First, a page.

BACKGROUND: Integrating evidence-based interventions for people with alcohol use disorder (AUD) into primary healthcare (PHC) can increase access to care and reduce morbidity, mortality, and population burden. However, for the integration to be feasible, acceptable, and sustainable, there is a need to contextualize the approach and involve stakeholders. Therefore, this study aimed to use participatory methods to adapt a model for integrating AUD interventions in Tanzania's PHC system at the community, facility, and organizational levels.
METHODS: A mixed-methods study was used. Participants include key mental health stakeholders, experts, and PHC providers. We conducted a situational analysis to investigate opportunities and constraints in the existing systems of care, utilizing data available from the routine collection and/or in the public domain, individual semi-structured interviews (n = 11), and focus group discussions (3 groups; total n = 26 participants) and a series of theory of change (ToC) workshops (n = 32). Data from the three methods were triangulated to develop the adapted model for integrating interventions for AUD in PHC.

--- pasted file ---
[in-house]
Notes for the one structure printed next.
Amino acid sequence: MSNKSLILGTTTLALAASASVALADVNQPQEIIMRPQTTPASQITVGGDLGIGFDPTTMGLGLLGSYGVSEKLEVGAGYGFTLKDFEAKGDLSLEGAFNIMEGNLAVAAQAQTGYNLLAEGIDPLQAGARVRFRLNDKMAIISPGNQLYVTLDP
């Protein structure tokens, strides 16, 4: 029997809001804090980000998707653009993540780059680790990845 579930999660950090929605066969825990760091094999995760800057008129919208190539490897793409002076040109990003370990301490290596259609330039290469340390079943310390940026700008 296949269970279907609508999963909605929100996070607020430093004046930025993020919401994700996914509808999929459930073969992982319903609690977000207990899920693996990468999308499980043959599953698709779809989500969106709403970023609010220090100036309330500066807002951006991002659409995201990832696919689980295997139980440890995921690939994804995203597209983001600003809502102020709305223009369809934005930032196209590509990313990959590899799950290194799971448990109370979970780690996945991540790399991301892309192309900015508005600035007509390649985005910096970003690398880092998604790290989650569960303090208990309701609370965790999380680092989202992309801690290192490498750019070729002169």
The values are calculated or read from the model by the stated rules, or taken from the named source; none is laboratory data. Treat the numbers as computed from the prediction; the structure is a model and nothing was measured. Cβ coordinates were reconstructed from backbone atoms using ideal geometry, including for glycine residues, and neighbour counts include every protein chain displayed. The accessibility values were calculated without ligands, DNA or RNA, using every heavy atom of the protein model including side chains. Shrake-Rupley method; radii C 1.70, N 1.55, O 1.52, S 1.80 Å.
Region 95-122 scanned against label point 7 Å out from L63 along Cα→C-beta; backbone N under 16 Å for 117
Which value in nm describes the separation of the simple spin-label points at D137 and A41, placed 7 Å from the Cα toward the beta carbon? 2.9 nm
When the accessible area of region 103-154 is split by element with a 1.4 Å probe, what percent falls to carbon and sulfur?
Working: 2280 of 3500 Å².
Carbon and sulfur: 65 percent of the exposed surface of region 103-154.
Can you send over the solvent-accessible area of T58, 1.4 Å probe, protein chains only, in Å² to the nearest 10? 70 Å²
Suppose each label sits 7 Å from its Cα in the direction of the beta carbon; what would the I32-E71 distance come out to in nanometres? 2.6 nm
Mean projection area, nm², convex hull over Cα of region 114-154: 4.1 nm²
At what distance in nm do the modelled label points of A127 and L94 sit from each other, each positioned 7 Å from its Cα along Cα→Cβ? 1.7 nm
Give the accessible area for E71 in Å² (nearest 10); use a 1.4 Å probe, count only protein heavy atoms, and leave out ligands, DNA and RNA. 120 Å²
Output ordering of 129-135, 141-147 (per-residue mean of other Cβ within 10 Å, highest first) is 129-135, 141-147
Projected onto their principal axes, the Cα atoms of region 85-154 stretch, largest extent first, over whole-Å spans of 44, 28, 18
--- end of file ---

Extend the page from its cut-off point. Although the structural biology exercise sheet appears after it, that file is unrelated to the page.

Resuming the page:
RESULTS: A situational appraisal revealed limited community, facility, and organizational resources and infrastructures for supporting services delivery of integrated AUD interventions. Also, shortage of health workforce, inadequate health management information systems, and limited medical supply and financing. Nevertheless, the theory of change proposed integrated AUD intervention packages and strategies to facilitate integrated care for people with AUD. Additionally, the barriers and facilitators for implementing these integrated AUD interventions and how to overcome them were explored.
CONCLUSIONS: The adapted model for the integrated AUD intervention in Tanzanian PHC revealed limited resources and system functioning for facilitating integrated AUD services. Nevertheless, it proposes the needed integrated AUD interventions and its barriers, facilitators, and strategies for overcoming them. There is a need to pilot the adapted model to inform plans for more comprehensive implementation or scaling up.
- Primary Health Care/methods
- Delivery of Health Care
- Mental Health